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Wage and Hour Compliance Must Take into Account State Wage Laws Often Different from Federal FLSA

By Paul J. Siegel
  • January 14, 2005

For quite a while, there has been a heated national debate about revision of the "white collar" exemptions contained in the Fair Labor Standards Act, including the minimum salary for exempt status and the extent to which a worker's "duties" must be supervisory, administrative, professional or outside sales in nature. The intensity of the disagreement about the overtime pay exemptions is reflected in the great number of comments received by the United States Department of Labor when it published proposed revisions to the "white collar" overtime pay regulations. When the final version of the regulations finally went into effect, the debate continued in the media and in Congress.

State Wage Laws Often Differ from the FLSA

While the national debate focused attention upon the new regulations under the federal Fair Labor Standards Act, employers also must focus upon state laws governing compensation of employees, including statutes mandating overtime compensation. Doing so is essential because state wage hour laws often differ from the Fair Labor Standards Act. It is, therefore, crucial for employers to understand the differences.

Sometimes, the differences are simple, such as when the amount of the state minimum wage that must be paid is greater than the federal counterpart. For example, New York just increased its minimum wage, as of January 1, 2005, from $5.15 to $6.00; then to $6.75 as of January 1, 2006; and, again on January 1, 2007 to $7.15 per hour. Connecticut also has a higher minimum wage and has regulations specific to certain industries, such as retail and restaurants, with provisions for minimum daily earnings, an expanded definition of "working time" and strict requirements for paying servers a sub minimum wage. Other jurisdictions with higher minimum wage rates are Massachusetts, at $6.75, and the District of Columbia, at $6.60.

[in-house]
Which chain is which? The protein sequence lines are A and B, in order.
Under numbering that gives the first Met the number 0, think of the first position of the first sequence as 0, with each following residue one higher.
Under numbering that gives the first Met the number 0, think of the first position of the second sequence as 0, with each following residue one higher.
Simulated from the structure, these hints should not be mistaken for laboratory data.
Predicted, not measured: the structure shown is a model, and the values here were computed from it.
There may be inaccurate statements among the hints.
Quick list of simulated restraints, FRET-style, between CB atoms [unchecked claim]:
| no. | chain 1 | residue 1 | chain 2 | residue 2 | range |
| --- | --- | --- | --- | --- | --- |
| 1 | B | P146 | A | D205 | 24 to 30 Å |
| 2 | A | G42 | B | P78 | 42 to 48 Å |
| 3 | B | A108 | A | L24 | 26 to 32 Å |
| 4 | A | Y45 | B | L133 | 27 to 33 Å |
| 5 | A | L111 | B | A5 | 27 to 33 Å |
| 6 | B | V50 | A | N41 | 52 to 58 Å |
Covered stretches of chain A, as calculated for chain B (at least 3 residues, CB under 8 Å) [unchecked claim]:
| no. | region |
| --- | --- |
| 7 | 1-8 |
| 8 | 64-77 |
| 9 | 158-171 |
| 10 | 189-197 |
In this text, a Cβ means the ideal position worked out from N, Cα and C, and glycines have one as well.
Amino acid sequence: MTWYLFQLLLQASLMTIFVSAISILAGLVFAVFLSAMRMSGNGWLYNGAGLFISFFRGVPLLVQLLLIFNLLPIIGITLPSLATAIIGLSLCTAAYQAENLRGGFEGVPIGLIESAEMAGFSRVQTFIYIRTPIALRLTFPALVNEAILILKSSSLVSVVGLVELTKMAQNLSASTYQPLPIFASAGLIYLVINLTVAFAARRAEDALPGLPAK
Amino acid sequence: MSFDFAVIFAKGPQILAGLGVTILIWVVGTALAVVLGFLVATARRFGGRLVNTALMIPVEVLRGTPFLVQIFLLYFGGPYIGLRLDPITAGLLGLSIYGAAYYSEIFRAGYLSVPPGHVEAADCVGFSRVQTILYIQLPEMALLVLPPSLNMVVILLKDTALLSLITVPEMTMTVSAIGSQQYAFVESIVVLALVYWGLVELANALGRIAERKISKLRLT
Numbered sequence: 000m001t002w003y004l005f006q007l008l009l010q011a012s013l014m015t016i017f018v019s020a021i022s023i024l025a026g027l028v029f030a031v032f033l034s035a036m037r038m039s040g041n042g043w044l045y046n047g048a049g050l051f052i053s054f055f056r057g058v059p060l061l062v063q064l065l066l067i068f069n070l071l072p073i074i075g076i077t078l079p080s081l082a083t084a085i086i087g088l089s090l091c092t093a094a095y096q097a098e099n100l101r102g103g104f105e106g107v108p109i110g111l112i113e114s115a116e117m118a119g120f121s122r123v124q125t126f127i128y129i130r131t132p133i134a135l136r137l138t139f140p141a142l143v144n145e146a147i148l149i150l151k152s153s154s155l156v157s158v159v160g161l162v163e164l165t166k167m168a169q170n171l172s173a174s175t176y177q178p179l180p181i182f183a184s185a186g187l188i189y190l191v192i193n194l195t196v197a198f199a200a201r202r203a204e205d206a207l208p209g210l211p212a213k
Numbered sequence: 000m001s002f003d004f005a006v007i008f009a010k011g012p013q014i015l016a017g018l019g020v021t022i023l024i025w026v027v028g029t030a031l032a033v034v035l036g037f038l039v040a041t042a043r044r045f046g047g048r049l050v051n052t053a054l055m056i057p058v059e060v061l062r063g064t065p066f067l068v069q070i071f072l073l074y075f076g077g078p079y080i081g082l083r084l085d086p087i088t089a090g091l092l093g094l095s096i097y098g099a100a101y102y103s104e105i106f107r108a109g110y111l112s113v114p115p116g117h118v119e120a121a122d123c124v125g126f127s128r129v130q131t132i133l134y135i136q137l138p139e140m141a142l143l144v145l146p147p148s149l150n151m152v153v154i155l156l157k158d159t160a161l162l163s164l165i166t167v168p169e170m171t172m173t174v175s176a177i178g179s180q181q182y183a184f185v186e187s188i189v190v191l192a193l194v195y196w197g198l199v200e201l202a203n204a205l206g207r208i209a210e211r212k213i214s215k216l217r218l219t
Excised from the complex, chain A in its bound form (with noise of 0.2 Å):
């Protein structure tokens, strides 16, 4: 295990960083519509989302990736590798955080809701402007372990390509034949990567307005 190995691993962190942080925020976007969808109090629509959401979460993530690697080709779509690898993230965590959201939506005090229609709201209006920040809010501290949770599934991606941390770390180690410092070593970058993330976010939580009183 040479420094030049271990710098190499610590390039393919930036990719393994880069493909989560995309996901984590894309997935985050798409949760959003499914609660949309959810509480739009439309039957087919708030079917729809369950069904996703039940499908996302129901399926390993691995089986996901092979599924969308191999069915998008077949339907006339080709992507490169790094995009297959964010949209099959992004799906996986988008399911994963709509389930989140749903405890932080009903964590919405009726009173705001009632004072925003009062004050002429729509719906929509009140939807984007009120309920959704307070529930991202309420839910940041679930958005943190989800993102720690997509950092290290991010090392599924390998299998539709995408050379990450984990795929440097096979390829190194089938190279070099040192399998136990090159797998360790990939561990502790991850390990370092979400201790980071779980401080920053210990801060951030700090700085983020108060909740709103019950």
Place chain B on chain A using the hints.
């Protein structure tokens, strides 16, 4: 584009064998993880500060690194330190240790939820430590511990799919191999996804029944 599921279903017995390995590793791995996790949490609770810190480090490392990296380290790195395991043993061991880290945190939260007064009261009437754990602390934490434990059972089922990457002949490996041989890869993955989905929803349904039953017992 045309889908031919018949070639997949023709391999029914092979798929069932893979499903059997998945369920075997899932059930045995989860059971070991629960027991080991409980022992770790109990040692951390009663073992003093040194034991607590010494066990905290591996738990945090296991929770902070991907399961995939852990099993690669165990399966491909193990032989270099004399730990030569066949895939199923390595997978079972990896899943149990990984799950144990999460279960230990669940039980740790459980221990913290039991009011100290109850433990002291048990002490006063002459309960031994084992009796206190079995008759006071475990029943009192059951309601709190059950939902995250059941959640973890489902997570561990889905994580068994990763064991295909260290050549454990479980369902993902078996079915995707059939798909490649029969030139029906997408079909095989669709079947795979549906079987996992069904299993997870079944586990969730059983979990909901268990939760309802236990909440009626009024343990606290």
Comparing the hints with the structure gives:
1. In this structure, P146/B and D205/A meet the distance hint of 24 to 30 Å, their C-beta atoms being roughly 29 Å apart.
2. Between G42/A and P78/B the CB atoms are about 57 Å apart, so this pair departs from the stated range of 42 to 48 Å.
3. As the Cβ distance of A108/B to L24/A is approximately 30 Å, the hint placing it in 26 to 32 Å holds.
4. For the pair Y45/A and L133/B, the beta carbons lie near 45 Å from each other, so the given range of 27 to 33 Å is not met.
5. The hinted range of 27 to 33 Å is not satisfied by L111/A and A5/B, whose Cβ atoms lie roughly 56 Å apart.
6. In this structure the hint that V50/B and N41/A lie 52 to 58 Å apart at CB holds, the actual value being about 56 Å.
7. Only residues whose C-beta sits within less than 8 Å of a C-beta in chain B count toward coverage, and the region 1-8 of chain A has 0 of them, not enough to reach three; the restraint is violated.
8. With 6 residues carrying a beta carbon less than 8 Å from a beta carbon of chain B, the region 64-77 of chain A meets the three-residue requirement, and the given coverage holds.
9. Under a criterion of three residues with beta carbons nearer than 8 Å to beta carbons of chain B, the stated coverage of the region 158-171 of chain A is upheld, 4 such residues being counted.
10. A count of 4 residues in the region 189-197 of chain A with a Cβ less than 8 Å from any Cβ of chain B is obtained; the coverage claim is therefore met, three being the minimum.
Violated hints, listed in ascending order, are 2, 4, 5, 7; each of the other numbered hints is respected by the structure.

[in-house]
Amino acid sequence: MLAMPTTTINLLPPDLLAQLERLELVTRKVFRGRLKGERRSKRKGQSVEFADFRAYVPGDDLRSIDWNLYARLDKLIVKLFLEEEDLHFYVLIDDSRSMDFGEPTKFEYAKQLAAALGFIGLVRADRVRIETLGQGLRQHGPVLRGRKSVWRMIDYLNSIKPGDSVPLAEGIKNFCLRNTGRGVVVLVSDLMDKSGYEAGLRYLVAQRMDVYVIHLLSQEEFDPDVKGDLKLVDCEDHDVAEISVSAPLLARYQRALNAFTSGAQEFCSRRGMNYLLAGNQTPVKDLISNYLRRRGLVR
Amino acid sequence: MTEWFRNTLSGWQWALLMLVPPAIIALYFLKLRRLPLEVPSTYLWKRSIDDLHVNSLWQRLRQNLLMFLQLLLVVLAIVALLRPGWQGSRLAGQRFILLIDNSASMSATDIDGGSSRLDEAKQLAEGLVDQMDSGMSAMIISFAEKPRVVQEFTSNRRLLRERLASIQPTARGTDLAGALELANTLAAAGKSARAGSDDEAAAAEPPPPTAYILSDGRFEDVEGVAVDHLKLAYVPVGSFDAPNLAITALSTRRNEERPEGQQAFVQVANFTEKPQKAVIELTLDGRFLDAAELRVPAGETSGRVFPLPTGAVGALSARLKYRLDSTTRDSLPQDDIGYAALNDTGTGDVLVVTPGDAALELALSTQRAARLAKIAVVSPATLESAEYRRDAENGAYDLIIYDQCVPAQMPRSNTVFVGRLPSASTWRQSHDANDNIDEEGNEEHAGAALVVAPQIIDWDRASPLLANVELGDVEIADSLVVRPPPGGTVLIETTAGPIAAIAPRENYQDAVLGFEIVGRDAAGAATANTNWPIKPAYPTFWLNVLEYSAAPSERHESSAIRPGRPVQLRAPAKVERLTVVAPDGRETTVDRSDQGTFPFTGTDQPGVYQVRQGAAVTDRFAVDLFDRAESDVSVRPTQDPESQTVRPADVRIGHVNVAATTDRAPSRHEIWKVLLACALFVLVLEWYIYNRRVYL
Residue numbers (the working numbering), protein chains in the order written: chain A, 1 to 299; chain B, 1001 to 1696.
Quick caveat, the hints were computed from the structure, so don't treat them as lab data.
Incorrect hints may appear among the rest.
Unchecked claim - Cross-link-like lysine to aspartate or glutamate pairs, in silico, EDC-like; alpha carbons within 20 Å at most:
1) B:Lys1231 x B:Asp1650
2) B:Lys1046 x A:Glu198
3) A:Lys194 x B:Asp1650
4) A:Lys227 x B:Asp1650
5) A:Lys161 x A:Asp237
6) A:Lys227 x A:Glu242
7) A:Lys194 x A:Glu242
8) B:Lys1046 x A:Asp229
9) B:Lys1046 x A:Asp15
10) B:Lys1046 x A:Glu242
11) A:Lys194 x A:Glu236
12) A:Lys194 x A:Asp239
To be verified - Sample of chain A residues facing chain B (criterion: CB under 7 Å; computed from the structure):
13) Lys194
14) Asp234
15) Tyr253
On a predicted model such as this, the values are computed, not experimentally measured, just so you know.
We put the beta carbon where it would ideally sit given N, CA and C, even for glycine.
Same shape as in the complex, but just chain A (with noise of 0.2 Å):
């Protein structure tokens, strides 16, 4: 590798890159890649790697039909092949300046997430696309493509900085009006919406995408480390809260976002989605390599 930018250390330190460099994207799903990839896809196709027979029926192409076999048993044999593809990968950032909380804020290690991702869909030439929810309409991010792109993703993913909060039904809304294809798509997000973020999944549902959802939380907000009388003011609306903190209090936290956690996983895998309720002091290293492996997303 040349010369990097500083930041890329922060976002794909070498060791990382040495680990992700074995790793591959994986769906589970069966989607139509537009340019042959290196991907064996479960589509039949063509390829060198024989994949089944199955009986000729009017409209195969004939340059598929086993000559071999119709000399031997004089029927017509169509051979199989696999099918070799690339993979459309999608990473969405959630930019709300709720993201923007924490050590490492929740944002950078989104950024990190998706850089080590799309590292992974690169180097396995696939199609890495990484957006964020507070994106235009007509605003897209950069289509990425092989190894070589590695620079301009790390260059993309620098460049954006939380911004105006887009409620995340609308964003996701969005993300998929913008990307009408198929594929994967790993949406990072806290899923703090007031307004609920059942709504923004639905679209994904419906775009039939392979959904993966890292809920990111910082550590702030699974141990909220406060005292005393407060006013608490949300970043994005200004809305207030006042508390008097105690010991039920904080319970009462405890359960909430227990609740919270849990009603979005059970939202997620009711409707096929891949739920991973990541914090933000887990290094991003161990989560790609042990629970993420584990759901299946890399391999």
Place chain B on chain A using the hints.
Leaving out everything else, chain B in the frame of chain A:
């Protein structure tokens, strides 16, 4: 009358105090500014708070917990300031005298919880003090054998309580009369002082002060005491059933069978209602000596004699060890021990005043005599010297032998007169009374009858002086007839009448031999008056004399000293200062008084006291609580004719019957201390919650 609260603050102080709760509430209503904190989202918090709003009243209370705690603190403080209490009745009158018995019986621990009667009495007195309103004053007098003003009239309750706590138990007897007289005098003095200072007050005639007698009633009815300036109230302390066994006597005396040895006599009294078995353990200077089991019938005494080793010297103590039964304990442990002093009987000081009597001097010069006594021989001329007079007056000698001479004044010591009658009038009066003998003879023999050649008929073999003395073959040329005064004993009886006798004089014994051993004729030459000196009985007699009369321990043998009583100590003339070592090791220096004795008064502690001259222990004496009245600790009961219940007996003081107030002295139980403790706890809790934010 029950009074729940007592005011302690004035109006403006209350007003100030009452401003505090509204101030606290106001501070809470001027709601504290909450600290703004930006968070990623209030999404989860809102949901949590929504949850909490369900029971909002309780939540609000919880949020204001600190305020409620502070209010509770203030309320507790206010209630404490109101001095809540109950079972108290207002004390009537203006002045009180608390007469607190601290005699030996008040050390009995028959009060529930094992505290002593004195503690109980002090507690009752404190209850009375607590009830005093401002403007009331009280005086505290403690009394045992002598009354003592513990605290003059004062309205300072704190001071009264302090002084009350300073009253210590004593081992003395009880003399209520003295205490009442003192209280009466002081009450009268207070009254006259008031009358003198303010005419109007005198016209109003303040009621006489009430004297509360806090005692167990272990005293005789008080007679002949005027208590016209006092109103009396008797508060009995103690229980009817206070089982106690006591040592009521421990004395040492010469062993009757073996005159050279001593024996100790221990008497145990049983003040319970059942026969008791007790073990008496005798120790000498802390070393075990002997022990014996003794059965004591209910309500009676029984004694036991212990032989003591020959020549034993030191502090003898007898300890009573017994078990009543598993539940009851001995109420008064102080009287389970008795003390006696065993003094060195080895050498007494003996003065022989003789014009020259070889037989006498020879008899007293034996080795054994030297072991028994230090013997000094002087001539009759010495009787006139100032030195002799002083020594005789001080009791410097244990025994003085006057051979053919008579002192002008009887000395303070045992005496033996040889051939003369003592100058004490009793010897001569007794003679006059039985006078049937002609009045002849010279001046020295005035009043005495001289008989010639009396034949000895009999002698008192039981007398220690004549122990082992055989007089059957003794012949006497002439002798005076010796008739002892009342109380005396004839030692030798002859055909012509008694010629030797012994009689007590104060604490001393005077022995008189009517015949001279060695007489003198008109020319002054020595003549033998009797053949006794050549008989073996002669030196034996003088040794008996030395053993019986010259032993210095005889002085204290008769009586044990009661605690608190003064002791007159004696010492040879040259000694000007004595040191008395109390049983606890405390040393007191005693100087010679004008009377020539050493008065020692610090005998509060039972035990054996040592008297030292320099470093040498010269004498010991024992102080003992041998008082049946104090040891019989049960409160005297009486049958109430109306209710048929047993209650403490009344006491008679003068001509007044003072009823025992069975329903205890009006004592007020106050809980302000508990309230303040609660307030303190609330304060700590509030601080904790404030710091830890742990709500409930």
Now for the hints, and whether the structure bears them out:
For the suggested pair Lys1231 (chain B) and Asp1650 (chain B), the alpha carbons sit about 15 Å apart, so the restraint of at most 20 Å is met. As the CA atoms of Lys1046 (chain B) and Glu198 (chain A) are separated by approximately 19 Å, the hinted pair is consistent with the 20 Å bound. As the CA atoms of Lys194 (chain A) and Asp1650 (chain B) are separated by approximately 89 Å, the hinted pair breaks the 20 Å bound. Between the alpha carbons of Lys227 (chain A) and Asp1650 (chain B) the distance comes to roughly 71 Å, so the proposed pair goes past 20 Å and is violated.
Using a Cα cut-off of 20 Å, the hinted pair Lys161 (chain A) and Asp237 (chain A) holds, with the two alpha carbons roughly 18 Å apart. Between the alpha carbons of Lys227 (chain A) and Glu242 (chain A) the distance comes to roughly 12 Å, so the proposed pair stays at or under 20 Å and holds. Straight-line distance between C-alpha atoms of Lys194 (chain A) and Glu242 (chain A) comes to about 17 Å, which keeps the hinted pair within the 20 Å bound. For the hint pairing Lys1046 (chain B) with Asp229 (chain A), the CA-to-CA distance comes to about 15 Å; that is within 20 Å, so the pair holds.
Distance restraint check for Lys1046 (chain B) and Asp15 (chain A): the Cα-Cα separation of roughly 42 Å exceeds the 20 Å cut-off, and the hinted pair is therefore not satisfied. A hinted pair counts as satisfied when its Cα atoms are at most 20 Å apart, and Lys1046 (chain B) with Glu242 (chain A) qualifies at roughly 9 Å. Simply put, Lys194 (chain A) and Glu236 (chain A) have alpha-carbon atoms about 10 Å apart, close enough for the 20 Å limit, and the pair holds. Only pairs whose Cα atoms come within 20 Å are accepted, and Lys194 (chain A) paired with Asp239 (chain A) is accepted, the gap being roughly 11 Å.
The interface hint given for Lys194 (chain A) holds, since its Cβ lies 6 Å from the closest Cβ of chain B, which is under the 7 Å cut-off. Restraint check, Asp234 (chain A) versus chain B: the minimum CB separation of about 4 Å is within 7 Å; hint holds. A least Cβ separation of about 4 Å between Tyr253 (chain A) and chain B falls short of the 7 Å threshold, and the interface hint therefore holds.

In November, Florida votes overwhelmingly approved a constitutional amendment to require all employers with employees in Florida to pay a minimum wage of $6.15 per hour, effective in six months. Thereafter, since the minimum wage is linked to the consumer price index, it will adjust automatically each year.

Some states have not enacted laws requiring overtime compensation. These states include Alabama, Arizona, Delaware, Florida, Georgia, Louisiana, South Carolina, Tennessee, Texas, Utah and Virginia. Other states interpret their overtime pay provisions in a manner similar to the Fair Labor Standards Act. Among the states whose overtime laws are consistent with the FLSA are Connecticut, Indiana, Kentucky, Maine, Maryland, Michigan, Missouri, New York, North Carolina, Ohio, Pennsylvania, Washington and Wisconsin. The District of Columbia also requires overtime for work in excess of 40 hours in a work week by non-exempt employees.

Several States Have Unique Overtime Laws

Unlike the states discussed above, New Jersey does not follow the new FLSA tests for exemptions. Instead, New Jersey continues to require that employers satisfy a regulation similar to the "long test" under the old FLSA regulations. According to our contacts at the State, the New Jersey Department of Labor has no plans to modify its regulations.

Other states also have unique overtime pay laws. For example, California requires daily overtime for hours worked in excess of eight (8) in a day by non-exempt employees, as well as mandatory overtime compensation for work in excess of 40 hours in a week and work on the 7th day in any work week. In addition, California law mandates that non-exempt employees be paid at a rate of no less than twice the regular rate for work in excess of 12 hours in a work day.

Colorado has a similar overtime pay provision which mandates overtime pay for hours in excess of 40 in a work week or over 12 hours in a workday. Another provision requires overtime pay when a non-exempt employee works over 12 consecutive hours (even if the work spans two work days). Kentucky's law requires overtime pay for non-exempt employees who work more than 40 hours in a work week and, in addition, for certain employees who work 7 days in a work week.